Karen Callaghan

Interview with Innocent's People Director

I left university with a chemistry degree and considered all manner of careers from accountancy to fashion buying. But after going to a graduate assessment centre at United Biscuits, I joined its HR scheme and have never looked back. Coming from a scientific background, I am interested in analysing the root of an issue rather than its symptoms, but I also have a real passion for understanding the human dimension of work and finding ways to enable people to be at their best. I’m not afraid of discussing uncomfortable issues and I think the combination of these traits has been instrumental to my career progress.

A pivotal move for me was leaving my role as a consultant at Andersen and joining Standard Chartered Bank as an executive assistant to the HR director. The company was doing some amazing work transforming its HR function and I got first-hand experience of what strategic long-term people work looked like. That was a real turning point, and I went on to work there in organisational effectiveness, diversity, and graduate recruitment and development roles. I joined Innocent Drinks following a career gap year, attracted to its fast pace and strong ambition. It was a very people-centric business, looking to professionalise and step up its HR agenda. Both Standard Chartered and Innocent are values-led entrepreneurial businesses that really believe in the power of collective effort.

I’ve been at Innocent five years now and the first few were about ensuring we had a robust people infrastructure and set of practices, and an alive and vibrant culture, while we were growing. Recently we’ve been concentrating on how we can professionally develop each team, and I expect over the next few years the emphasis will shift back to expanding the business and our geographical reach. The organisation has nearly tripled in size since I joined and we now have about 280 employees. When we were hiring in large numbers, a lot of people were nervous it might dilute the culture. But if you keep values at the heart of your recruitment process, you will bring in people who enrich and strengthen the culture. We are also in the middle of delivering a leadership academy, which has been a great team effort, and will give us a pool of future leaders.

There is a need to balance acting quickly and decisively with being patient; people professionals also have to play the long game. Trying to embed cultures or develop people takes time, and some of the proudest moments of my career are when things that have taken years to create come to fruition. In the past I have made the mistake of trying to be all things to all people and, while addressing a whole spectrum of things is admirable, I think we need to be more discerning as a function, able to downplay some elements of the HR proposition and up-weight others.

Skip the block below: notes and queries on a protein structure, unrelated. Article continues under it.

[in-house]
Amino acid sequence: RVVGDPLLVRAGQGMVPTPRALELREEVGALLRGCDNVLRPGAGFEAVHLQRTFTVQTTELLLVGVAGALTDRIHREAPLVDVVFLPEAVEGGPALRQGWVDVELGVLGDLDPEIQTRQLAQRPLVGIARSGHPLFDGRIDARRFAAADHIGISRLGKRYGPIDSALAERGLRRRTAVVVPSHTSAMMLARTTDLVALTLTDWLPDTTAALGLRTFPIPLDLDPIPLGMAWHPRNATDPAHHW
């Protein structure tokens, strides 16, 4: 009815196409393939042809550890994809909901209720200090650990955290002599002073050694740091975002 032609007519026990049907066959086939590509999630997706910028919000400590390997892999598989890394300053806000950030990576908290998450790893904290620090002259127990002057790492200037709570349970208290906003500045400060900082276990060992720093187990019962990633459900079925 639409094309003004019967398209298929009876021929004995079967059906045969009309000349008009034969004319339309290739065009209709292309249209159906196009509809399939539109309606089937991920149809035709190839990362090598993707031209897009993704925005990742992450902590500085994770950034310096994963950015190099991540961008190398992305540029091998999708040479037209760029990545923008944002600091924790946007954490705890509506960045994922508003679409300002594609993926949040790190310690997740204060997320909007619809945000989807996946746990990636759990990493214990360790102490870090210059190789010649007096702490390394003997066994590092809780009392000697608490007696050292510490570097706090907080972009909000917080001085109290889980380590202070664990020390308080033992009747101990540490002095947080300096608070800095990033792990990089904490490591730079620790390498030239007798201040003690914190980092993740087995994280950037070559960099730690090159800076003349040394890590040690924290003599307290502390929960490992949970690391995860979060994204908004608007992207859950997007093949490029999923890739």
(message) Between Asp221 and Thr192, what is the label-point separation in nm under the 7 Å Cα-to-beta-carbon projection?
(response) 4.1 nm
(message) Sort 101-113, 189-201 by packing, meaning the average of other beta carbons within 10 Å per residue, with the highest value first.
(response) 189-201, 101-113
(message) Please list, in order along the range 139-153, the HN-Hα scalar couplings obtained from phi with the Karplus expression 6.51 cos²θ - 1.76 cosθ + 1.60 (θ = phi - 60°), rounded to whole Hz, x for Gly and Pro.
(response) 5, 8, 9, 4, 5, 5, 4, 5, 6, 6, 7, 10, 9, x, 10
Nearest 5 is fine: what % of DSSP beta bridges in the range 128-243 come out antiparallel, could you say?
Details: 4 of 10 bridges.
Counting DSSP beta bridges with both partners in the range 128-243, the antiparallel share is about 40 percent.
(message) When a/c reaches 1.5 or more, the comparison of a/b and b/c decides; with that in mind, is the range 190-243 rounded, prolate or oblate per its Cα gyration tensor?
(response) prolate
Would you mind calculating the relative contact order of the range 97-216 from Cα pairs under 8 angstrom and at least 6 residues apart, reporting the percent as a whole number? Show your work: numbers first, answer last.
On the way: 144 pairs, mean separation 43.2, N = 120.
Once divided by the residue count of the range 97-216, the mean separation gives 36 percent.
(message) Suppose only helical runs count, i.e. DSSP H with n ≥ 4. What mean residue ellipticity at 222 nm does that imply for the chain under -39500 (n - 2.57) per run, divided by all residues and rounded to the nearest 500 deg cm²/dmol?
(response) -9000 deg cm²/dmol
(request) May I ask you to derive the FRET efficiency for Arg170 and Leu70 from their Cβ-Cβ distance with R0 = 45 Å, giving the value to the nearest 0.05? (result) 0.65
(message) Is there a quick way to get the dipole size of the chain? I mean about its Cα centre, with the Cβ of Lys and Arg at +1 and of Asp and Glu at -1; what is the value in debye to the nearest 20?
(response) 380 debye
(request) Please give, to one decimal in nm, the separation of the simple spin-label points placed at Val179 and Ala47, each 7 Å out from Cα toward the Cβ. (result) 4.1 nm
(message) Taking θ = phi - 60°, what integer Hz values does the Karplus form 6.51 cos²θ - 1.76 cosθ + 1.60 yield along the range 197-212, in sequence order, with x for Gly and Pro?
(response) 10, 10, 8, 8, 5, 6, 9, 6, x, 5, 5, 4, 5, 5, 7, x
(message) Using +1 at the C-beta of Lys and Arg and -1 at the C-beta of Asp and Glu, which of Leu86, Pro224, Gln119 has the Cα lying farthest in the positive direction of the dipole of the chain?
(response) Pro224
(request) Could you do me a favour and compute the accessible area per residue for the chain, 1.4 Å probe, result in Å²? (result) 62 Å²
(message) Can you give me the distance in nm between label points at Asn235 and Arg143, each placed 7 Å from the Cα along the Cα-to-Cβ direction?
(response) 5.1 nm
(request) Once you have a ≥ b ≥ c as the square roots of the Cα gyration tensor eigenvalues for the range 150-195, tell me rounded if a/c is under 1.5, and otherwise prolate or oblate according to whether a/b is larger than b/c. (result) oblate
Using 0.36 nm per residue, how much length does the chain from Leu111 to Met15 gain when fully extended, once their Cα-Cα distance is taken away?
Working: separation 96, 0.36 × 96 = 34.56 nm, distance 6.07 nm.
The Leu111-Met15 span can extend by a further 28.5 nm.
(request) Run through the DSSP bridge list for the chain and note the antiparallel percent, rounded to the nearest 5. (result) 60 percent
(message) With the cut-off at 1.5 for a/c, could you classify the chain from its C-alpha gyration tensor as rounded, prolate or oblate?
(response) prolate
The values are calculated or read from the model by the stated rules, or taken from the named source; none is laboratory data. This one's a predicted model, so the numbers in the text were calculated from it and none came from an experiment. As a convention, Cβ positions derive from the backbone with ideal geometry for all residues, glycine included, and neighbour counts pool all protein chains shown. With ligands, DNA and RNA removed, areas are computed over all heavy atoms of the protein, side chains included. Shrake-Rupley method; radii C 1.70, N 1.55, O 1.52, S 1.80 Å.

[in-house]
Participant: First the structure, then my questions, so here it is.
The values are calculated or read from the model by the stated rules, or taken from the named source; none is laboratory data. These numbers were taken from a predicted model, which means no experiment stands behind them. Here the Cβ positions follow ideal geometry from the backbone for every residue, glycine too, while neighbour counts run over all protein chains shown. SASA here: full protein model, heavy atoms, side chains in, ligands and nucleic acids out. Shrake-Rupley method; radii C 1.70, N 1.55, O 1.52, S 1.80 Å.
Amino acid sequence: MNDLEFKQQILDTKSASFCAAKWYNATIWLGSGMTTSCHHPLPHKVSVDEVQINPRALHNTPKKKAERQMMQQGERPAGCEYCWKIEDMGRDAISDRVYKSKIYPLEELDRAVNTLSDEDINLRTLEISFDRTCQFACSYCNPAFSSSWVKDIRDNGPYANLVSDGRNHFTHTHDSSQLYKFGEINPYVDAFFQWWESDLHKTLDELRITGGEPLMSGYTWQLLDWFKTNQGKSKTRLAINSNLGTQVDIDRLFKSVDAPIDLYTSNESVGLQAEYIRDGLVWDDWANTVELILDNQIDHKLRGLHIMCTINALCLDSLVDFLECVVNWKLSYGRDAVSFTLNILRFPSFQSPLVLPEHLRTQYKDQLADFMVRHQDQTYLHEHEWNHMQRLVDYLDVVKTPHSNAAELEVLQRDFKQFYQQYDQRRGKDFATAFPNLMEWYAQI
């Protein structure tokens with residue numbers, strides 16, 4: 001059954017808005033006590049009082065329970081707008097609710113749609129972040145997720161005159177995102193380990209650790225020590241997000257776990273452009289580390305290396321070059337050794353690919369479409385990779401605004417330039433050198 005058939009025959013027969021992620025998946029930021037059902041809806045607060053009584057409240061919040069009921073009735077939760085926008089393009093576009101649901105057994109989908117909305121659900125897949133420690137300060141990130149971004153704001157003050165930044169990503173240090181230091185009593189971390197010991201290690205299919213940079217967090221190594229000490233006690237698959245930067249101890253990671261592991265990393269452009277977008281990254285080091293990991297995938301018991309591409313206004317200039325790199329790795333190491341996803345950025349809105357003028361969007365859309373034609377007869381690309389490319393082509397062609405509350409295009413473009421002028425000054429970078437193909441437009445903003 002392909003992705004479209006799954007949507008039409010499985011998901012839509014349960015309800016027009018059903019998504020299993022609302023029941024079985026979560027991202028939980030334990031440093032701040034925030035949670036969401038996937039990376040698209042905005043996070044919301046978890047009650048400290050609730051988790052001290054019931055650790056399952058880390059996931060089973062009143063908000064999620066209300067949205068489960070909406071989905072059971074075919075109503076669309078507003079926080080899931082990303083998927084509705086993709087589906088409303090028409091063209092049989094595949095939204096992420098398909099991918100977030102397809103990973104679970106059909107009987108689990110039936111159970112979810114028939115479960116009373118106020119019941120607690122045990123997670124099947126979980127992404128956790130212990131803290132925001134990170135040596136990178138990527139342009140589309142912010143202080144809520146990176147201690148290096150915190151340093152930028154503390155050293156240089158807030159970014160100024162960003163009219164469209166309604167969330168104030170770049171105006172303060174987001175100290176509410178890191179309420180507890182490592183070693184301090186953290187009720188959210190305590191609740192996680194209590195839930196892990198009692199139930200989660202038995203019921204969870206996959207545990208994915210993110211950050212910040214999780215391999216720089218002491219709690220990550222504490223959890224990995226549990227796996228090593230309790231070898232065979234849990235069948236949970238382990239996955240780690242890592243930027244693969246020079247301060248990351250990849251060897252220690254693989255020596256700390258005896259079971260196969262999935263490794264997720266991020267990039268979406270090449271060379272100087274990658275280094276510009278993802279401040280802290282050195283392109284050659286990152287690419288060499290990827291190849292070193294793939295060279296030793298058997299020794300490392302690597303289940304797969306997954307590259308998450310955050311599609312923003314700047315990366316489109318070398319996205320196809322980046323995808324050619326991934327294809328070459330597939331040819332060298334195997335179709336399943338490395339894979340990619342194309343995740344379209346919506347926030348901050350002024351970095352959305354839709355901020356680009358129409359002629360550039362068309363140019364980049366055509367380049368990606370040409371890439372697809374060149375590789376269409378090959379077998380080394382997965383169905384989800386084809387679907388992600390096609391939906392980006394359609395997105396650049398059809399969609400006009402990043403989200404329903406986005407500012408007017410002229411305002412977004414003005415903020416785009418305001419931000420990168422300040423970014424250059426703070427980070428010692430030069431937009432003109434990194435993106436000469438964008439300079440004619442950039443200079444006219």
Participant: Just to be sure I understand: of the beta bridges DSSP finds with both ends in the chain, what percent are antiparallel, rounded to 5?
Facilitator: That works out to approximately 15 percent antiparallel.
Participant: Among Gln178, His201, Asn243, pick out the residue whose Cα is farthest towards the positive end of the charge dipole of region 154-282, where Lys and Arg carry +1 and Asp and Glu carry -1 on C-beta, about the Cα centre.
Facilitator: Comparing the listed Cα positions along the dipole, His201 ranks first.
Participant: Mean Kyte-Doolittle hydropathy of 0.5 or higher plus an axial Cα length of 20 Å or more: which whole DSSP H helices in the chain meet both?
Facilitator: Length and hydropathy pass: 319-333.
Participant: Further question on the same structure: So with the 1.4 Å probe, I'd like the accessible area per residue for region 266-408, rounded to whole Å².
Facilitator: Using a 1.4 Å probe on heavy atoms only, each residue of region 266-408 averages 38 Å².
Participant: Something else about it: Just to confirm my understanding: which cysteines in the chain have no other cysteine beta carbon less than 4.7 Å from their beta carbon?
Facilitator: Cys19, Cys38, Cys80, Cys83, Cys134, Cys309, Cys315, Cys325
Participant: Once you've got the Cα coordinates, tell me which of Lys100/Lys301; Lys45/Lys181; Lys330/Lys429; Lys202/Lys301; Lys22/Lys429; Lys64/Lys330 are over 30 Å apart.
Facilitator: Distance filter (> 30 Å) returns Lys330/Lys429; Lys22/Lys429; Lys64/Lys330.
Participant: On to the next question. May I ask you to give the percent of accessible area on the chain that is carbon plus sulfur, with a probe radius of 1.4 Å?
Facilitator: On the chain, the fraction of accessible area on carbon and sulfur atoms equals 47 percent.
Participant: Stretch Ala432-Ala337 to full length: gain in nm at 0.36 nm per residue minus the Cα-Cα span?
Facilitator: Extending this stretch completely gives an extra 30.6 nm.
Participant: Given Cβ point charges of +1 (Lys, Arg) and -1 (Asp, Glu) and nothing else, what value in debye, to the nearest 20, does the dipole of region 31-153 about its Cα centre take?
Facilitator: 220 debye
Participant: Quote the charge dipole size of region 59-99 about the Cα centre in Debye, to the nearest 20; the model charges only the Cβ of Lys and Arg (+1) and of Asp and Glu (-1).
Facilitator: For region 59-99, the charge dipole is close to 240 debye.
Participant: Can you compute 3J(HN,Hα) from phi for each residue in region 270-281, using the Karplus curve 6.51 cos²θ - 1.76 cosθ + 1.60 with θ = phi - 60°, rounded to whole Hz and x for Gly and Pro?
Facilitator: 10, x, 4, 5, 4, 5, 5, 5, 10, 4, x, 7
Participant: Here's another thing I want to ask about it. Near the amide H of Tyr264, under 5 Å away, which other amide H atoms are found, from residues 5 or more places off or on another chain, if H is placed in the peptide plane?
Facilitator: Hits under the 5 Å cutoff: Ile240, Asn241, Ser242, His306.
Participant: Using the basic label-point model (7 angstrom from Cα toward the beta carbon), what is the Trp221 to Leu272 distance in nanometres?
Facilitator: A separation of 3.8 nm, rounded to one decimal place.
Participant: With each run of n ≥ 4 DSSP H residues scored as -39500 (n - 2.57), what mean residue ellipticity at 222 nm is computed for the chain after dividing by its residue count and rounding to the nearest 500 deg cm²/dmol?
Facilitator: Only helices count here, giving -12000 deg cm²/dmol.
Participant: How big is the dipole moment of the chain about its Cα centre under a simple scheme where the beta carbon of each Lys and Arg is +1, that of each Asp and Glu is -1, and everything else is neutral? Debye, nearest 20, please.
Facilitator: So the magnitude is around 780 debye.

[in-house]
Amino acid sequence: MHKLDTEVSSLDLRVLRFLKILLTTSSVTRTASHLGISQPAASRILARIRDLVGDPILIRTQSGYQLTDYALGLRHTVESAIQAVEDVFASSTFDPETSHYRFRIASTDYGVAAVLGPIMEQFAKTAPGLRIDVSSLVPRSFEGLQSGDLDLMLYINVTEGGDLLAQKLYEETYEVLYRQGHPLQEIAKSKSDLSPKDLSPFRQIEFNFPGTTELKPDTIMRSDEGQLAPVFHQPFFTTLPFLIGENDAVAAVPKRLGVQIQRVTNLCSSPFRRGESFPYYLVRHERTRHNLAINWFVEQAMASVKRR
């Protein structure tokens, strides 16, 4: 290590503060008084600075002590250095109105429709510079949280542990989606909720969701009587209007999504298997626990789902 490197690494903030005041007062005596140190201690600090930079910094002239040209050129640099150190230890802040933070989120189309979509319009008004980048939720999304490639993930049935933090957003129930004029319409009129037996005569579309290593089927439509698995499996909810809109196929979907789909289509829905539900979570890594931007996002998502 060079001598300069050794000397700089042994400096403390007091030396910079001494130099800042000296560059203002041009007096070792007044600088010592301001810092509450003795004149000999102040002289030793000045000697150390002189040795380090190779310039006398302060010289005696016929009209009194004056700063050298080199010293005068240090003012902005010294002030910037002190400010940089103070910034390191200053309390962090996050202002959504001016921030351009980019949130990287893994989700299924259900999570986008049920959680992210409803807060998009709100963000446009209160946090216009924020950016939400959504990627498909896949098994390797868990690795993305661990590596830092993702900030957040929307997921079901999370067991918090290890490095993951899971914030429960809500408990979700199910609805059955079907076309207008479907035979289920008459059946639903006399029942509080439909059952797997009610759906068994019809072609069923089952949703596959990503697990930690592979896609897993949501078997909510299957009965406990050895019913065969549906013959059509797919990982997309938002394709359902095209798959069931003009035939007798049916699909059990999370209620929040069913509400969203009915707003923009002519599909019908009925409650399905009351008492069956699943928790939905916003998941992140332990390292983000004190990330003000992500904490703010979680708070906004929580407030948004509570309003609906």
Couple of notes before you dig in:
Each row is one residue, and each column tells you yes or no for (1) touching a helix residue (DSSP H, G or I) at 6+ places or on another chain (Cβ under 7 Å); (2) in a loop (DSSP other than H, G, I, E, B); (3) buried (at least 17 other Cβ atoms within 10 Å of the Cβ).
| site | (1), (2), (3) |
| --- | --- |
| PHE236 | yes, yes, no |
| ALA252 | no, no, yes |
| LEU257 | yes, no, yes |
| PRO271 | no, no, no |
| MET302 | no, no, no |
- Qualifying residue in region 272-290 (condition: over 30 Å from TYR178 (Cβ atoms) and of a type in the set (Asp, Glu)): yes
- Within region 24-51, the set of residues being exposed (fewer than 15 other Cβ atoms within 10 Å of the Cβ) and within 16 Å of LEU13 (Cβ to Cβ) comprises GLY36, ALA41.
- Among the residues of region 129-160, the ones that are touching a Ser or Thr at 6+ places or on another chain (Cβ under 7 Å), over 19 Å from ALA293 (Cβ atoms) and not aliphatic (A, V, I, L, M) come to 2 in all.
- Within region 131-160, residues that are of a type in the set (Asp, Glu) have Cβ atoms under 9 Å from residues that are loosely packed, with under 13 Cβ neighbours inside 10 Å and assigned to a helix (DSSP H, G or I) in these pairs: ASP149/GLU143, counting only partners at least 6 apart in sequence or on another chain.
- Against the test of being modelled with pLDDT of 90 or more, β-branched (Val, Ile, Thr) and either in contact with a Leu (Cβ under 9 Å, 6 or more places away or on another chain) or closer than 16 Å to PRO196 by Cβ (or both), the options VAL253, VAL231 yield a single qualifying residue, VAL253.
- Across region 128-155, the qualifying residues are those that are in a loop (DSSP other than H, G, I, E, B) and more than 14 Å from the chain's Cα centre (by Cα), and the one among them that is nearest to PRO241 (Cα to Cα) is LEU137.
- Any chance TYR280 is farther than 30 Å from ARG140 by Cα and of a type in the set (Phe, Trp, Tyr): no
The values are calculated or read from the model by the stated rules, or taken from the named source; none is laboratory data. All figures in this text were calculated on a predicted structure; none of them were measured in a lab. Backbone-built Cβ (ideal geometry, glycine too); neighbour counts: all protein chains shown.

I’ve recently completed a masters in people and organisational development, having been given the backing to go part-time. I am particularly interested in HR strategy, culture change and coaching, and how to increase the quality of everyday conversations and discussions within organisations. A higher level of insight is needed in HR; we have to step away from box-ticking and develop critical thinking skills to deliver a real difference to the business. I am really positive about the future of the profession. While I think there is much value in people coming into HR mid-career, people management is also now a key part of business degrees – so HR could be yet to see the best generation of graduates ever entering the field.


Education: Roffey Park Institute (masters in people and organisational development); Leeds University (chemistry degree)

Previous roles: Head of graduate recruitment and development; diversity and inclusion manager; organisational effectiveness manager; executive assistant to HR director, Standard Chartered Bank (2002-05); people strategy consultant, Andersen (2000-02); HR manager, United Biscuits (1997-2000)

Hobbies: Skiing, yoga, photography, training for Everest Base Camp trek